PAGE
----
In that answer, so much of Ecclestone is revealed: the hint of a potentially shady past; the attempt to make a joke of a tricky situation; the ultimately credible - and humorous - explanation.
After Rindt was killed in a crash in 1970, Ecclestone bought Brabham in 1972, thereby becoming a member of the Formula One Constructors' Association (Foca), the group that represented the teams.
As the 1970s progressed, Ecclestone became increasingly influential and eventually suggested that the teams let him take responsibility for negotiating the television rights for the sport. Until then, that was done on a somewhat haphazard race-by-race basis.
Whether Ecclestone foresaw even then the enormous earning potential remains a matter of conjecture, but he wasted little time in building his influence.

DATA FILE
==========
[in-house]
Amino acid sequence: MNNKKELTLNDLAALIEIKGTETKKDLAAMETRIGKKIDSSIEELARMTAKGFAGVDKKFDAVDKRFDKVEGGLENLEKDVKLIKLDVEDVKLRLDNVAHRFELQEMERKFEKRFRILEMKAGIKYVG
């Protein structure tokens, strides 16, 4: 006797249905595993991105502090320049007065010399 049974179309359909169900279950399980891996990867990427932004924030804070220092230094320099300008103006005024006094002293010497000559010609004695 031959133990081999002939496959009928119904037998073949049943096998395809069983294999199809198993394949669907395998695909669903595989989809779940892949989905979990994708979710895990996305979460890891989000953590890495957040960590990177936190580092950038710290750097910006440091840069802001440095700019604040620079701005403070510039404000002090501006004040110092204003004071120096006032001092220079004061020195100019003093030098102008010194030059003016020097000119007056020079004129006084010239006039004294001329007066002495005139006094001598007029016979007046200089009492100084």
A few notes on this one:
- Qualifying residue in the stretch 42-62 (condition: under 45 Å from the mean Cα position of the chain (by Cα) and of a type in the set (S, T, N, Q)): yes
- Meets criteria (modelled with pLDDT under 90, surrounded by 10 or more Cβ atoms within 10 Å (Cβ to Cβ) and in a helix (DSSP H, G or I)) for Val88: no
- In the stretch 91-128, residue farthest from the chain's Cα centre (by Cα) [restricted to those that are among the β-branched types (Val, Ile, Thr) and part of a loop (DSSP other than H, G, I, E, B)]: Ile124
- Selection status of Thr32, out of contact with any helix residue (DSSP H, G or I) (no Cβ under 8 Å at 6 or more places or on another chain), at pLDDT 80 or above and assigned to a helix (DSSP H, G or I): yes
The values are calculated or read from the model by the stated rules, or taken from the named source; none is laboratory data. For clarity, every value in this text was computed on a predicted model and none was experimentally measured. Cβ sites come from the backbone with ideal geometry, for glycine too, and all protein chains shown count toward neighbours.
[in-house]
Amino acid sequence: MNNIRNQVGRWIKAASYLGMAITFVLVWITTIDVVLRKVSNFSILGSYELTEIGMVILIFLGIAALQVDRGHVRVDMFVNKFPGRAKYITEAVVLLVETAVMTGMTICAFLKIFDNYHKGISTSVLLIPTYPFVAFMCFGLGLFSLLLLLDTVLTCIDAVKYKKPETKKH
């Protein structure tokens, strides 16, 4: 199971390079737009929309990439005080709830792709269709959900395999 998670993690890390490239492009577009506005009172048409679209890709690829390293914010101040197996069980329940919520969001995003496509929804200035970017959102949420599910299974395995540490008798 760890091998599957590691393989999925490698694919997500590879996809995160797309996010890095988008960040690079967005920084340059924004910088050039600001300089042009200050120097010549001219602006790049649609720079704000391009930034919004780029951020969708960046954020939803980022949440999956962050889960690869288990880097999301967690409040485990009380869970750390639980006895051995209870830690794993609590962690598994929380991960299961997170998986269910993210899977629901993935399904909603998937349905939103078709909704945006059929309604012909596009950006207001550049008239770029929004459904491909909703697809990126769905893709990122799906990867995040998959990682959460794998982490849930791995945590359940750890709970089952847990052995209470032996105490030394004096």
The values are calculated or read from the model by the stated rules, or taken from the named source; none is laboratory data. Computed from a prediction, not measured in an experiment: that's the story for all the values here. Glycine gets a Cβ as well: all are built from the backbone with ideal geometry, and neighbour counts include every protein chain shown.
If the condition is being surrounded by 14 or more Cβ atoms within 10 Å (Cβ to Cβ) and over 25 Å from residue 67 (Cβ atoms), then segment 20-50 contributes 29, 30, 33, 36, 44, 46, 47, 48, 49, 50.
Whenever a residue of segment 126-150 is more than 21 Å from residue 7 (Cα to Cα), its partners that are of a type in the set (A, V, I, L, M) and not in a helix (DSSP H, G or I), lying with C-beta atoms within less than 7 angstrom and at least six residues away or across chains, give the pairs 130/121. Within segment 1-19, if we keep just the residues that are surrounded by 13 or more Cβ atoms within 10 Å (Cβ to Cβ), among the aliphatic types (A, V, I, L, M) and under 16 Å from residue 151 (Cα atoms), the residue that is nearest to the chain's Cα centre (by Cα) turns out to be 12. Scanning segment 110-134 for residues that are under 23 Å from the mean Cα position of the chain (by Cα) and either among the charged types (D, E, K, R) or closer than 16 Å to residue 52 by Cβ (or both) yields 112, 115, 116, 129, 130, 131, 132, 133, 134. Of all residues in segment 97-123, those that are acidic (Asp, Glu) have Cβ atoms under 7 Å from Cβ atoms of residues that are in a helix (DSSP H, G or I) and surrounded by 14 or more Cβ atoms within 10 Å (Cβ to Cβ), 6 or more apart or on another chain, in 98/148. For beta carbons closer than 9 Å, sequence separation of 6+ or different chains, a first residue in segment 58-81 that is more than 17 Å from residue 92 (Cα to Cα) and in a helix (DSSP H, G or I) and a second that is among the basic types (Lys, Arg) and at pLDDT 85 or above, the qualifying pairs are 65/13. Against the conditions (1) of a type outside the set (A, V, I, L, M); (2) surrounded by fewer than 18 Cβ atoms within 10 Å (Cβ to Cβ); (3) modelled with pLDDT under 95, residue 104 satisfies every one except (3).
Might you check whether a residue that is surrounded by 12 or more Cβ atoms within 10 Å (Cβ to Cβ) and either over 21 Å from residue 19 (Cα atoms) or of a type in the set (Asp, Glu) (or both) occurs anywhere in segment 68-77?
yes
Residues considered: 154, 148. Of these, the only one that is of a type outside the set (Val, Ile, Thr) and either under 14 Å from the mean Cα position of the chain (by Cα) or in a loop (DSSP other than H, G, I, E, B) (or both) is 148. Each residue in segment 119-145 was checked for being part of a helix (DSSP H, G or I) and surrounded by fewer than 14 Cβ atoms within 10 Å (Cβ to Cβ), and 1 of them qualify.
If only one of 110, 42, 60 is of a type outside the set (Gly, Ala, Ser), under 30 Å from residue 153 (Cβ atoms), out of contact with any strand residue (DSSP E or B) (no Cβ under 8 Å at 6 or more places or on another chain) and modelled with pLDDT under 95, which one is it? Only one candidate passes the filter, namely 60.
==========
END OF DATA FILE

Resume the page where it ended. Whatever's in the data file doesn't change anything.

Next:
In his position as the man who could exploit F1's commercial rights, Ecclestone persuaded television companies to buy F1 as a package, rather than pay for individual races. That guaranteed vastly increased exposure, ensuring that the sport's popularity grew, at first slowly and then increasingly quickly.
The system he set up endures to this day. In short, the teams grant him permission to run the TV rights. In exchange, he gives them an annual payment.
But, over the last two decades, the power has shifted, helped by two decisions made by the sport's governing body, run at the time by Ecclestone's friend and long-time associate Max Mosley.
The first, in the mid-1990s, meant Ecclestone's own company became the rights holder of F1, taking over from Foca.
The second, in 2000, granted Ecclestone the commercial rights to F1 until the end of 2110 for a one-off fee of $360m. A lot of money? To some, maybe. But F1's global revenues in 2011 were about $1.5bn.
“Ecclestone remains a man of unsurpassed authority in F1. Little goes on without him knowing about it. Little happens without his approval”